(CNN) - As questions about former Alaska Gov. Sarah Palin's presidential ambitions swirl, her remarks to a group of Pennsylvania students Tuesday night certainly did little to dispel the rumors.
Palin began her remarks at the Plumstead Christian School's Founders Forum by complimenting a student who had just finished performing, asking if he would like to sing at an inauguration, and then added, "not necessarily mine," as the crowd cheered.
Organizers bill the Founders Forum as a nonpolitical event that has featured other prominent leaders such as former Vice President Dan Quayle, columnist and commentator Cal Thomas, and the Rev. Jerry Falwell.
Later in her talk, Palin said that she is considering a presidential run, and that she'll decide "after prayerful consideration and a survey of the political landscape," because she "would be in it to win it."
During her nearly hour-long speech, Palin also told the students that she embraces "American Exceptionalism."
"We're the only country in history that was founded on an idea...not by accident," Palin said.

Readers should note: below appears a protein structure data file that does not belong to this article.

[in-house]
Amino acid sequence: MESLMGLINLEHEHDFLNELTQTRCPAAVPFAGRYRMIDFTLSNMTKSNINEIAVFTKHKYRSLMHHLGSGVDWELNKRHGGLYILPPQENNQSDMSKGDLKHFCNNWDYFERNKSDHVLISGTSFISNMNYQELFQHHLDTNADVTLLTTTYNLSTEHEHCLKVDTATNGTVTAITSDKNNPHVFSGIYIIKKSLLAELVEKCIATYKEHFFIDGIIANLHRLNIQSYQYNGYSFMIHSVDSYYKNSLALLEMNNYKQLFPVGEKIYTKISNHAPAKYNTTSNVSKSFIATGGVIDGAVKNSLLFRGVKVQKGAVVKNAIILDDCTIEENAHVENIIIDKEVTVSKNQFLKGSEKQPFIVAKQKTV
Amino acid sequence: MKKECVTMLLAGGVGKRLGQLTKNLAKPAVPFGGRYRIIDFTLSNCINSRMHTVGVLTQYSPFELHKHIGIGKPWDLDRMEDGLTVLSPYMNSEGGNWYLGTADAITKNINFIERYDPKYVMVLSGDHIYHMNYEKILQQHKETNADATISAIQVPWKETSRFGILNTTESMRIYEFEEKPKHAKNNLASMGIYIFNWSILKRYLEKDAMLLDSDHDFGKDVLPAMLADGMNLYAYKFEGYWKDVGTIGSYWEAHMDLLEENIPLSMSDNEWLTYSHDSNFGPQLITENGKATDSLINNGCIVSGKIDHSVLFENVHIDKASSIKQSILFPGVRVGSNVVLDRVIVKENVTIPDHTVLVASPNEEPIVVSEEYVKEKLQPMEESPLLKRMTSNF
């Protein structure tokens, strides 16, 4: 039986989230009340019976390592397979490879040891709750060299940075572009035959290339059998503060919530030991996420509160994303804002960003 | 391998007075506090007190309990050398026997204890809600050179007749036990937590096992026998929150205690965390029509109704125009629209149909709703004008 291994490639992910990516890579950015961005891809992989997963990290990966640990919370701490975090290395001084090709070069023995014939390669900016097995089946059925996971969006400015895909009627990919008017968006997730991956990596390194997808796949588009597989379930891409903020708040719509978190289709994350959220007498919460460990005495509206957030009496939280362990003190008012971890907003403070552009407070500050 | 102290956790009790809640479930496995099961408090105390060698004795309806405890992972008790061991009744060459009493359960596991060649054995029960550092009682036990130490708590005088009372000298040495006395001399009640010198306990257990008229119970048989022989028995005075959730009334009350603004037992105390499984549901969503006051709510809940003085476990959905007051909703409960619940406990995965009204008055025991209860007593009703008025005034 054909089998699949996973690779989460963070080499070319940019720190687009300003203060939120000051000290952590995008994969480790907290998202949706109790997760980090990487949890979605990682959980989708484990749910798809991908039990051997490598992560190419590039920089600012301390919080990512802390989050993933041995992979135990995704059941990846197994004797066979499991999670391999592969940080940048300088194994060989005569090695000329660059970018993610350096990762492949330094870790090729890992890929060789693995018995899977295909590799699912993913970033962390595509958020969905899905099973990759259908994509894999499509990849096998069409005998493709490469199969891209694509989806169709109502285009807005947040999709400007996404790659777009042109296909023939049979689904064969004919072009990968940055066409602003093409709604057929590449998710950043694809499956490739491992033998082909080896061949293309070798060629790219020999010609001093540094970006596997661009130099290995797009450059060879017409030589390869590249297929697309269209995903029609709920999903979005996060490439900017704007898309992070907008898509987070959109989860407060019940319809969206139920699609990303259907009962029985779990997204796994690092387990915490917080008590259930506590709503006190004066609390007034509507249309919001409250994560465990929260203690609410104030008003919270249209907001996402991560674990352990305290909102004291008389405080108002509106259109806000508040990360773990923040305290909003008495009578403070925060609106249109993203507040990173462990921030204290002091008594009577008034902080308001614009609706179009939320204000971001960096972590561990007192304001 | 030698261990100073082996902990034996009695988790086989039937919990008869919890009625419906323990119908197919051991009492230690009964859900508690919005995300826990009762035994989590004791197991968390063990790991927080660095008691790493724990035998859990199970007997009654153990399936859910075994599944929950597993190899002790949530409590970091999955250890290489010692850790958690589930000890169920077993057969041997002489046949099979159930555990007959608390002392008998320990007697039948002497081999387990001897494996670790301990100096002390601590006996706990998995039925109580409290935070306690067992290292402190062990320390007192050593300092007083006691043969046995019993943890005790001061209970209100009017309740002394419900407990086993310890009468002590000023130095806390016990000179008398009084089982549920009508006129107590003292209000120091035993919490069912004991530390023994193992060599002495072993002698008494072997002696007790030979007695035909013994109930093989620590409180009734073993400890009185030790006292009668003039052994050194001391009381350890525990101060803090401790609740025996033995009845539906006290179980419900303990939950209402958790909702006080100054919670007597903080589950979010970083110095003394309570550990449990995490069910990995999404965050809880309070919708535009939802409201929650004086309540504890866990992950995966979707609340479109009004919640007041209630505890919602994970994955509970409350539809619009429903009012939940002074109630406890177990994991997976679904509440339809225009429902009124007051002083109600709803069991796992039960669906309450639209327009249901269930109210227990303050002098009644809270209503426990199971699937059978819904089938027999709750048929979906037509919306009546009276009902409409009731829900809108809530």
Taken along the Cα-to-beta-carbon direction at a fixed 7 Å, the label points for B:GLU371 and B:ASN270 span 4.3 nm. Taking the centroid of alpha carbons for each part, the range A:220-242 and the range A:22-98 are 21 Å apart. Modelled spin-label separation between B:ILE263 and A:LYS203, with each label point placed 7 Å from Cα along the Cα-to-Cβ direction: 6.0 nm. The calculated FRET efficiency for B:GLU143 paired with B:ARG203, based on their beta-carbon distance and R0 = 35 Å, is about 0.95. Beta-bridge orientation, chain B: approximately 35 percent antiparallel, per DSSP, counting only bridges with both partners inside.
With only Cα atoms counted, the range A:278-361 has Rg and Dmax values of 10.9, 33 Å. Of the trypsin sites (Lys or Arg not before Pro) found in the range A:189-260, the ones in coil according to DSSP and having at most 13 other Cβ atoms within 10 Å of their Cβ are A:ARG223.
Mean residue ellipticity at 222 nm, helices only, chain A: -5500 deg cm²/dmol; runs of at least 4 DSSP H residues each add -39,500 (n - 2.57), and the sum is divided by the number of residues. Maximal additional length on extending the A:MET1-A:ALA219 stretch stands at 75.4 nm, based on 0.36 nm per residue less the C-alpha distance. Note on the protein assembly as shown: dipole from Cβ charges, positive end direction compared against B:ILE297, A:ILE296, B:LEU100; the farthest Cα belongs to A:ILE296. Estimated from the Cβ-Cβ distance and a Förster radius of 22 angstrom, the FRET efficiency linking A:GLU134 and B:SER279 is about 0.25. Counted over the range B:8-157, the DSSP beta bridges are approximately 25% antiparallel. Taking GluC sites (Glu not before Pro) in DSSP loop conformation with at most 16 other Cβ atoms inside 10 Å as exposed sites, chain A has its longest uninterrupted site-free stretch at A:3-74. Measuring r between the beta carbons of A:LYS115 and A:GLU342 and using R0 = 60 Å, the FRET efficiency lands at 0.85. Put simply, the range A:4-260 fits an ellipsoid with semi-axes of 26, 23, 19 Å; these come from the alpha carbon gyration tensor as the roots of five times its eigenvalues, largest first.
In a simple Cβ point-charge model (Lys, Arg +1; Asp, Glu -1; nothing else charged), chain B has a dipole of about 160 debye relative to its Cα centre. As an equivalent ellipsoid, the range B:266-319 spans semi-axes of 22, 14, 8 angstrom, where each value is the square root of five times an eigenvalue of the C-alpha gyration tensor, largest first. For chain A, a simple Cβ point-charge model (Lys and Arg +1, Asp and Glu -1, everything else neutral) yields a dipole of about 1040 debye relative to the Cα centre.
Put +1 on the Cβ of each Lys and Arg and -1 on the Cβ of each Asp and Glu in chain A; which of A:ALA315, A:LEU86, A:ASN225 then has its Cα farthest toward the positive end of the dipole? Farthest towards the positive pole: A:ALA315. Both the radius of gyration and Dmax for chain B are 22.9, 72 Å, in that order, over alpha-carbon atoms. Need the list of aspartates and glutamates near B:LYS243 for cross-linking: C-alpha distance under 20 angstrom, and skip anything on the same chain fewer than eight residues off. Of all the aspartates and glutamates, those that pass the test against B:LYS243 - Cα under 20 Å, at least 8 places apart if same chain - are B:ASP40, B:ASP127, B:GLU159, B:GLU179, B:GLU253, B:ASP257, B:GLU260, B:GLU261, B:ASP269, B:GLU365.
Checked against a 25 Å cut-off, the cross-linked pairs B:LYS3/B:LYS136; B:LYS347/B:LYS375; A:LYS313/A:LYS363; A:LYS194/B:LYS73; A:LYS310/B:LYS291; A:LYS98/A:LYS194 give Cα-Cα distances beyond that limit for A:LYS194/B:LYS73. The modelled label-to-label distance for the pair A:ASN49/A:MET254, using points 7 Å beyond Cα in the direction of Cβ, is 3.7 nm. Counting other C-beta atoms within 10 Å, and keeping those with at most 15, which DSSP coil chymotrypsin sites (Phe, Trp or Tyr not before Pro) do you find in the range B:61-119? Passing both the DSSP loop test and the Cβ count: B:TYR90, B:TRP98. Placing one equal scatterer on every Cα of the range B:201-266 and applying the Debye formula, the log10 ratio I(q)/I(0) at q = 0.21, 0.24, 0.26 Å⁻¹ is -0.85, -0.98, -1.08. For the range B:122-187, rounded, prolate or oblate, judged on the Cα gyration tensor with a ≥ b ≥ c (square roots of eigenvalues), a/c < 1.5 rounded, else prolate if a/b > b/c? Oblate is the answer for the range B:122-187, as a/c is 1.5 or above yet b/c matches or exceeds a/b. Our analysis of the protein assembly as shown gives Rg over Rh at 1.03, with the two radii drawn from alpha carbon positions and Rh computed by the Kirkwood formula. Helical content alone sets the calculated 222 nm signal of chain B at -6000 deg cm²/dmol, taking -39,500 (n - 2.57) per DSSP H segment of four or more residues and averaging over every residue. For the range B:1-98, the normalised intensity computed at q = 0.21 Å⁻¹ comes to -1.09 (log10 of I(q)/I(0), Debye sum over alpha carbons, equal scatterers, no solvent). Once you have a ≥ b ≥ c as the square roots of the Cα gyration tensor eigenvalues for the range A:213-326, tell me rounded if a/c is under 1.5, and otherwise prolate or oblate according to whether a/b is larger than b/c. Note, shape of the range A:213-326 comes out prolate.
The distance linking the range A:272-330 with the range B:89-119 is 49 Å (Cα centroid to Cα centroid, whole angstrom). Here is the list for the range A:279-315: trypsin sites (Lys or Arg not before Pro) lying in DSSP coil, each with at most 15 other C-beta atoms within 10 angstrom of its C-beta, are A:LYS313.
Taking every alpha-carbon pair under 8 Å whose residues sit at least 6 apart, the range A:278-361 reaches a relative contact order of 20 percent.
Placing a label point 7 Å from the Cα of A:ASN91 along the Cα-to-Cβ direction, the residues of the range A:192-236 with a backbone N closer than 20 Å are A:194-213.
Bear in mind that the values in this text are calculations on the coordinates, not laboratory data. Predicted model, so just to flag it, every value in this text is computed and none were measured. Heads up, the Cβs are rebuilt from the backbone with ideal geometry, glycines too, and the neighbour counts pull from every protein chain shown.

Palin also denounced government intervention, bringing up a local example that she said caught her attention.
"I heard that there's a debate going on in Pennsylvania over whether public schools were going to ban sweets," Palin said.
So, Palin said, she decided to "shake things up," by bringing cookies to the school when she met with Plumstead students early in the day.
"I wanted these kids to bring home the idea to their parents for discussion. Who should be deciding what I eat? Should it be government or should it be parents? It should be the parents," Palin said to a cheering audience.
Palin has also been vocal on Twitter about her opposition to the proposed ban on sugary foods.
Before meeting with the students, Palin tweeted, "2 PA school speech; I'll intro kids 2 beauty of laissez-faire via serving them cookies amidst school cookie ban debate;Nanny state run amok!"
On Monday, she also tweeted, " Hmm...may bring cookies to my PA school speech tmrw to make a pt "PA mulls ban on cake/cookies/candy@ school parties.. http://bit.ly/dvoI6d," linking to a story in the Pittsburgh Tribune-Review about the proposed ban.
But the Pennsylvania Board of Education is strongly disputing the Tribune-Review's report and Palin's characterization of the proposal. Executive Director Adam Schott told CNN the story is "just not true."
The Tribune-Review has since retracted its original story, and posted this correction on Tuesday:
"A story on page B1 of Monday's Tribune-Review incorrectly portrayed the Pennsylvania State Board of Education's proposed nutrition guidelines for school parties. The board is examining regulations to encourage schools to serve more nutritious foods. There are no mandates to do so."